A Florida property owner generally has the right to use a piece of land in certain ways. An easement in gross agreement gives usage rights to an outsider, but many people are confused as to what these rights are exactly. There are certain privileges and responsibilities that are common in this type of contract.
Transfer of ownership
An easement in gross agreement affects the individuals but not the property. It is valid only if the property remains with the original owner. The contract is not valid when the property is sold or transferred to another party, and a new contract must be made.
The beneficiary is not required to live on the property to benefit from its provisions. The property owner can increase or decrease the number of restrictions in the agreement. For instance, the owner can deny the construction of a room extension that creates a different use of the property.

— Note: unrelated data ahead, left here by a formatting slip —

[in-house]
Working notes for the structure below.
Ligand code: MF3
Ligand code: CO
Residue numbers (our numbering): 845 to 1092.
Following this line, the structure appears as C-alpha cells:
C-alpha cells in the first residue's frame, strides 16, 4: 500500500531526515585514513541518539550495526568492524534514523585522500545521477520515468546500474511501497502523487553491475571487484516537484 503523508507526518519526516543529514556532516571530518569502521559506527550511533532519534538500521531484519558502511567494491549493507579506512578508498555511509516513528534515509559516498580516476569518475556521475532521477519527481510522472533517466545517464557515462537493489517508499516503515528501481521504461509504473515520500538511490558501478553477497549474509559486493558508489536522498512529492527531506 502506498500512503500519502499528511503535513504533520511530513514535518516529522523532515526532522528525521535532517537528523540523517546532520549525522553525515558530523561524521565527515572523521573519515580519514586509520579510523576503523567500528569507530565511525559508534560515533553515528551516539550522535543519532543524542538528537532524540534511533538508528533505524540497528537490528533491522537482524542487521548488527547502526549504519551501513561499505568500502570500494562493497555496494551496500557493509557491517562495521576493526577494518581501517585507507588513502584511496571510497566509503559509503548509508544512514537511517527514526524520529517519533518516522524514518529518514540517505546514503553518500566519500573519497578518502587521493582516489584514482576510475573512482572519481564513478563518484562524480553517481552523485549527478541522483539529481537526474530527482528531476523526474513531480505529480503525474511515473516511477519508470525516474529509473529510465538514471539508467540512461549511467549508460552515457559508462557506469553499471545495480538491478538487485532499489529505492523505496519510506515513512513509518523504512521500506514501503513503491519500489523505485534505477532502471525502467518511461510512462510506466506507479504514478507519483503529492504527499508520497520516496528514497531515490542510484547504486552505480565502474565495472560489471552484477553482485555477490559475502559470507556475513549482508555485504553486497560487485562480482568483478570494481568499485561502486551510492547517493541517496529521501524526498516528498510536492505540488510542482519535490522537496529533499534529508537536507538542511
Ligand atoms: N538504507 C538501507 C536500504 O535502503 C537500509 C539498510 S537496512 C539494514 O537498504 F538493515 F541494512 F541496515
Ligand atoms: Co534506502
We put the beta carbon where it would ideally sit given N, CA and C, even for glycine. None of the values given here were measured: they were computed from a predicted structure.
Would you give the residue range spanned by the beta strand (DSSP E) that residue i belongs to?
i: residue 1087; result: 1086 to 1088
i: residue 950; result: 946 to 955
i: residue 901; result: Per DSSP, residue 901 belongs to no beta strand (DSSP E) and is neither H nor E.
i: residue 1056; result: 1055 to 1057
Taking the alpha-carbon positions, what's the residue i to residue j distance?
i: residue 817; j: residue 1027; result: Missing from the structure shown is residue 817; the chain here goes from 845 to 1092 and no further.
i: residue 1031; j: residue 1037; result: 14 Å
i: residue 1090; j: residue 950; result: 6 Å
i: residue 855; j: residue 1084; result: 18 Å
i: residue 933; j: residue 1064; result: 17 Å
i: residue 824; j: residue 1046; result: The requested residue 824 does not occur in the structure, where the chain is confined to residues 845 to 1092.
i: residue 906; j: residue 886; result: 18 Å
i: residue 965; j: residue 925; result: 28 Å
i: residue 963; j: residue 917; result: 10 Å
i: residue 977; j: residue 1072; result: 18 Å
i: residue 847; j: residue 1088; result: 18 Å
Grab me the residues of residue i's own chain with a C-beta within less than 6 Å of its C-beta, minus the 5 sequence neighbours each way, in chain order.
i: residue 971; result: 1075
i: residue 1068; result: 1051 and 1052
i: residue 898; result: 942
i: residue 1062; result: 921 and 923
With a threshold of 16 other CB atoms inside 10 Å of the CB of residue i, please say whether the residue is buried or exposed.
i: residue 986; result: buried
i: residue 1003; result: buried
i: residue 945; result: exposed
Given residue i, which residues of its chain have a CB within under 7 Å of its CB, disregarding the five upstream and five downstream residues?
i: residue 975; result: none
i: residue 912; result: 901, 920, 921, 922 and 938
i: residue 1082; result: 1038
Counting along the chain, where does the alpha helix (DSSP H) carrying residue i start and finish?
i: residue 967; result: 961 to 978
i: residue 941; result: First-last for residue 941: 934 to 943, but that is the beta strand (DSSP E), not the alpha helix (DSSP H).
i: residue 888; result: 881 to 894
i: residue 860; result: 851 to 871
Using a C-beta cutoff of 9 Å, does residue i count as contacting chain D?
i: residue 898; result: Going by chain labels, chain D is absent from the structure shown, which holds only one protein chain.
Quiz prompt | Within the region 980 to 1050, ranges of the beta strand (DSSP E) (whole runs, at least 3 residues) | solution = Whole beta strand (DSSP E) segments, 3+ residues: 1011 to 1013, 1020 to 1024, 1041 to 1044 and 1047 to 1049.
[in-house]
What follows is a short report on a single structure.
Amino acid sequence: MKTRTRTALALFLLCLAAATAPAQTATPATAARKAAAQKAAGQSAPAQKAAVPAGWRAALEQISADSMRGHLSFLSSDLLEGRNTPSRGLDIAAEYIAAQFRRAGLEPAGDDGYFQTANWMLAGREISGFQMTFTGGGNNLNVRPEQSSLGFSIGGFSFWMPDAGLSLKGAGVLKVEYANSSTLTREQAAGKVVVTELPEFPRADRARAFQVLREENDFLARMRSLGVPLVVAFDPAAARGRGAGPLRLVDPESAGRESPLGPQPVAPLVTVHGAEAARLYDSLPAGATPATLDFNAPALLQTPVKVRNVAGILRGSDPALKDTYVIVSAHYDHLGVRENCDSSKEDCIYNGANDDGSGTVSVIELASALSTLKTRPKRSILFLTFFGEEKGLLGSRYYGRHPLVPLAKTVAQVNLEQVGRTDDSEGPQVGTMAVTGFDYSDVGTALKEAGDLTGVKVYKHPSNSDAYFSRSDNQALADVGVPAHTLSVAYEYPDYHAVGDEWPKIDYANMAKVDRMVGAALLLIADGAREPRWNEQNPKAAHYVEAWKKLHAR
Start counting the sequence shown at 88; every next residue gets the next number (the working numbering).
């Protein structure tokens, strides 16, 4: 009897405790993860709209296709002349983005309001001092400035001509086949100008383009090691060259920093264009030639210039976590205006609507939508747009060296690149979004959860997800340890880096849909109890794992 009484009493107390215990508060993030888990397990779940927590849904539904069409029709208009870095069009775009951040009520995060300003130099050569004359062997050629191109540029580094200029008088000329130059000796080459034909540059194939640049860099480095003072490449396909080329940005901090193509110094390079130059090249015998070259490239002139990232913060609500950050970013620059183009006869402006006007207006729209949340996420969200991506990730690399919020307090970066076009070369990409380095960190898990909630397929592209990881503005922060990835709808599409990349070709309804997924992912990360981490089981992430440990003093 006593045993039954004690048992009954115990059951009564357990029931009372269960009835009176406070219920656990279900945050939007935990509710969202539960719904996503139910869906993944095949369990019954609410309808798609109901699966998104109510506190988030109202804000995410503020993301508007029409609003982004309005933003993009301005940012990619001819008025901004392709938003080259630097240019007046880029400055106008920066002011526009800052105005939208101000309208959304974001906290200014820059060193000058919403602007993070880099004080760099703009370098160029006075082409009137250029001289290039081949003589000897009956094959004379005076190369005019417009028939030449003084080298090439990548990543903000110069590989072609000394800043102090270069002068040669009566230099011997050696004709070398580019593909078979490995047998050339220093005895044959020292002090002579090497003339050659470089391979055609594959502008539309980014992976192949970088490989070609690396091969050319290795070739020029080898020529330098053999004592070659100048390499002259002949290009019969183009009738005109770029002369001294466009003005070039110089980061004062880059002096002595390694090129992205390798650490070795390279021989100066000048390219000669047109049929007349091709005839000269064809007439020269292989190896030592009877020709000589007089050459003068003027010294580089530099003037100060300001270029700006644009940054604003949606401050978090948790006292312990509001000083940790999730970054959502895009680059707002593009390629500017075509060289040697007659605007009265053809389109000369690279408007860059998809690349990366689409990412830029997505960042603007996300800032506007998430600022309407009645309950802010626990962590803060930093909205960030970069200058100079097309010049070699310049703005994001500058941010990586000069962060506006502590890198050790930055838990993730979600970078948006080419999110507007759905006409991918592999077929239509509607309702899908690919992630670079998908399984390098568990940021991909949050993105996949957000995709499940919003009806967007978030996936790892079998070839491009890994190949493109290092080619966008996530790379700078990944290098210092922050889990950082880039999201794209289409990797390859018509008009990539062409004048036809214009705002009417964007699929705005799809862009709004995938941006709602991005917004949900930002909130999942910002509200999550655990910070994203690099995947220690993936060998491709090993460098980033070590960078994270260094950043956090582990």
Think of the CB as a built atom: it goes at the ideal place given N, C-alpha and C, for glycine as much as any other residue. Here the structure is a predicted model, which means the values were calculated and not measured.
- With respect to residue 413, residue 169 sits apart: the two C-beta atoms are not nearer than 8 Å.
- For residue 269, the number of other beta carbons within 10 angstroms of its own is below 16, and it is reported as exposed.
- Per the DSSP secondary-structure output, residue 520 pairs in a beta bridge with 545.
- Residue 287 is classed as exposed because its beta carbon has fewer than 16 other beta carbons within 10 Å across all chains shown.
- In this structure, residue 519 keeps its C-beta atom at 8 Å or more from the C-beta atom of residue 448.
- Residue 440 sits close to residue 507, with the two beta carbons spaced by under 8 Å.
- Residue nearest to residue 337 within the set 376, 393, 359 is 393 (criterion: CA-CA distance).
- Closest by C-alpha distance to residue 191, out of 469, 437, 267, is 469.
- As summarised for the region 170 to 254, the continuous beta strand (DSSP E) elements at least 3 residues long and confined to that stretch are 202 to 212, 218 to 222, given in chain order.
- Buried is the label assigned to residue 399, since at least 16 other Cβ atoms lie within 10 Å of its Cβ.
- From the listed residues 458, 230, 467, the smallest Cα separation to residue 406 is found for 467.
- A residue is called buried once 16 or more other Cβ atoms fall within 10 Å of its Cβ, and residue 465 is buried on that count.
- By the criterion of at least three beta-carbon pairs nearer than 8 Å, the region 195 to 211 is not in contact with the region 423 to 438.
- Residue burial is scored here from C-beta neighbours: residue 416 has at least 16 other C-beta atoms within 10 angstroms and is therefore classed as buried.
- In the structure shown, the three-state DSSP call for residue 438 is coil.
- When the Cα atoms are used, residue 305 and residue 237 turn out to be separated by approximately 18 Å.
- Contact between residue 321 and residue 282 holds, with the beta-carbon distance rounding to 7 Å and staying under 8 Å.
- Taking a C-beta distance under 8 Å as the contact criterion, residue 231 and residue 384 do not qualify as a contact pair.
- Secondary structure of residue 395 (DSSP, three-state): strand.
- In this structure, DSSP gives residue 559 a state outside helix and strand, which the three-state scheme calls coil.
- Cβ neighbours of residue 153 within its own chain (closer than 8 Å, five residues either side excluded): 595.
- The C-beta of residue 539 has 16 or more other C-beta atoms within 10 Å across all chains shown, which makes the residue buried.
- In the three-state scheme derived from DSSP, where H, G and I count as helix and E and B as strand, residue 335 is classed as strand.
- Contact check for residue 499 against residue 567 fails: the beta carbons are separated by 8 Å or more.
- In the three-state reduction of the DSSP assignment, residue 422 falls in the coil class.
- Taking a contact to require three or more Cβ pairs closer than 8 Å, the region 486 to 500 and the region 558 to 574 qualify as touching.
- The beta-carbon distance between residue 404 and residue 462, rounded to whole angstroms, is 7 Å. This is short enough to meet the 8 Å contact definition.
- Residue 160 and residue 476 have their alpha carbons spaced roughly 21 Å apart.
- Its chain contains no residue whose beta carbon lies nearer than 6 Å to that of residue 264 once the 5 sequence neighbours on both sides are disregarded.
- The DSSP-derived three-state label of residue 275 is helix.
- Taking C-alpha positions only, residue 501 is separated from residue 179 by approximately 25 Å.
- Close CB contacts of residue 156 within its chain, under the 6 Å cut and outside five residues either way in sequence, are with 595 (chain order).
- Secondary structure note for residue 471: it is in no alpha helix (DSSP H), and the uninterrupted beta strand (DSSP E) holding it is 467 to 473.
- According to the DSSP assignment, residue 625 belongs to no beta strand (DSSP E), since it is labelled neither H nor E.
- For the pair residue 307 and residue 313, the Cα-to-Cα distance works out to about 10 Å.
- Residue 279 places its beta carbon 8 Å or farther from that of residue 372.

Easement in gross contracts are often made for commercial purposes by utility companies, miners, and electricians. These contracts are more likely to be approved and unrestricted when provided by businesses, even if they work on residential properties. Most contracts are valid as long as the workers do not cause unnecessary stress that lead to real estate disputes.
When to challenge the scope of an agreement
Many problems can occur during the term of an easement in gross agreement. A property owner may deal with a beneficiary who uses the property for reasons other than what was agreed. The beneficiary may then want to legally challenge the restrictions.